Introducing magnetic resonance imaging into the lung cancer radiotherapy workflow – An assessment of patient experience

S. Bellhouse, S. Brown, M. Dubec, S. Taylor, R. Hales, L. Whiteside, J. Yorke, C. Faivre-Finn

Research output: Contribution to journalArticlepeer-review


Introduction: Magnetic resonance imaging (MRI) offers superior soft tissue contrast to computed tomography (CT), the current standard imaging modality for planning radiotherapy treatment. Improved soft tissue contrast could reduce uncertainties in identifying tumour and surrounding healthy tissues, potentially leading to improved outcomes in patients with lung cancer. This study explored patient experience of MR treatment planning scans in addition to a CT scan. Methods: Participants were recruited to the ‘Magnetic Resonance Imaging for the Delineation of Organs At Risk and Target Volumes in Lung Cancer Patients (MR-Lung)’ study at a UK specialist cancer centre. Participants completed their standard of care radiotherapy planning CT scan and two additional MRI scans. Baseline and post-scan questionnaires were completed assessing anxiety and claustrophobia. Motion artefact during MRI was assessed by a modified visual grading analysis. Sixteen participants completed semi-structured interviews; transcripts were analysed thematically. Results: 29 people (66% female; aged 54–89 years) participated. Nineteen participants completed all imaging and 10 participants withdrew before completion. There was minimal adverse impact on state and scan-specific anxiety levels from completing the MRI scans. Completers experienced significantly less scan-specific anxiety during MRI 1 compared to non-completers (U = 33, z = −1.98, p < 0.05). 78% of those who withdrew during or post MRI 1 were positioned ‘arms up’. Motion artefact negatively impacted image quality in 34% of scans. Participants commonly reported concerns during MRI; noise, claustrophobia and pain in upper limbs. Conclusion: Two thirds of participants tolerated two additional MR scans with minimal adverse impact on anxiety levels. Implications for practice: Patient arm positioning and comfort ought to be considered when introducing MR-Linac systems. A screening tool to identify those at high risk of non-completion should be developed.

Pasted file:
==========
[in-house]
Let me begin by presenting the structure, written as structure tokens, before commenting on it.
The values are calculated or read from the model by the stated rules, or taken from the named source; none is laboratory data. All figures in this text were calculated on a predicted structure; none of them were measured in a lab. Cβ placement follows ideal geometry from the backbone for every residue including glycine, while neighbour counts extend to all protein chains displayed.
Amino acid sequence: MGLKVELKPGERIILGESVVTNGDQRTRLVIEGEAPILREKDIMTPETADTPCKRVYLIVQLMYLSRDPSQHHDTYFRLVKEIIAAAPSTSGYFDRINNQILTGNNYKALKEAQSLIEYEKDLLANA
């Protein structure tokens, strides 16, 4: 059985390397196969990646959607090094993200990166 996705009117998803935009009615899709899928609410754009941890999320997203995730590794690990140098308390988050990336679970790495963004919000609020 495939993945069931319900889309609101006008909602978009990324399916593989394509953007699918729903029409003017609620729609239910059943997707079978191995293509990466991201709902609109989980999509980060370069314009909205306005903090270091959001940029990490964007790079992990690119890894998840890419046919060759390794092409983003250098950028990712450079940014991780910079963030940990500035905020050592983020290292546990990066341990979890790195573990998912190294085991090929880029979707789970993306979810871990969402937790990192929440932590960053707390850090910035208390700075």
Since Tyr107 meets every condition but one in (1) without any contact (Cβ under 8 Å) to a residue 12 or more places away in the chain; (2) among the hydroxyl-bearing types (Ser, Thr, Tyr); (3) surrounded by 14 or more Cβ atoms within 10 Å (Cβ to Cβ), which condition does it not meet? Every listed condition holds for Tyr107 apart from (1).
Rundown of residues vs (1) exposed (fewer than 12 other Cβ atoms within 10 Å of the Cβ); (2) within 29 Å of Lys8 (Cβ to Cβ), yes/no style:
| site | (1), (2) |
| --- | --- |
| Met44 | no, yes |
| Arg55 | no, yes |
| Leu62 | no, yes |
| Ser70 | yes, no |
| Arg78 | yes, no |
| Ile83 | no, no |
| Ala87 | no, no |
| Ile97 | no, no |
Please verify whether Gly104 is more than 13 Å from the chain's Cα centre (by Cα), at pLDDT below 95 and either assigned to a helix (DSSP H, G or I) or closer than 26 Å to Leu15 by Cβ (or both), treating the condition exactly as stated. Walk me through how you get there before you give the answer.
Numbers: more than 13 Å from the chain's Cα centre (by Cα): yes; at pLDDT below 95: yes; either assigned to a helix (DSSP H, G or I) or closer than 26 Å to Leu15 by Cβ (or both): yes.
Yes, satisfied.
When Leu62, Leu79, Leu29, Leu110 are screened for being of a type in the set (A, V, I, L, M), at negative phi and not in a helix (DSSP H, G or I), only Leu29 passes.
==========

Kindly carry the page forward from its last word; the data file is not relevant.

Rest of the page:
Original languageEnglish (US)
Pages (from-to)14-23
Number of pages10
Issue number1
StatePublished - Feb 2021
Externally publishedYes


  • Lung cancer
  • MR Linac
  • MRI
  • Patient experience
  • Radiotherapy
  • Treatment planning

ASJC Scopus subject areas

  • Radiology Nuclear Medicine and imaging


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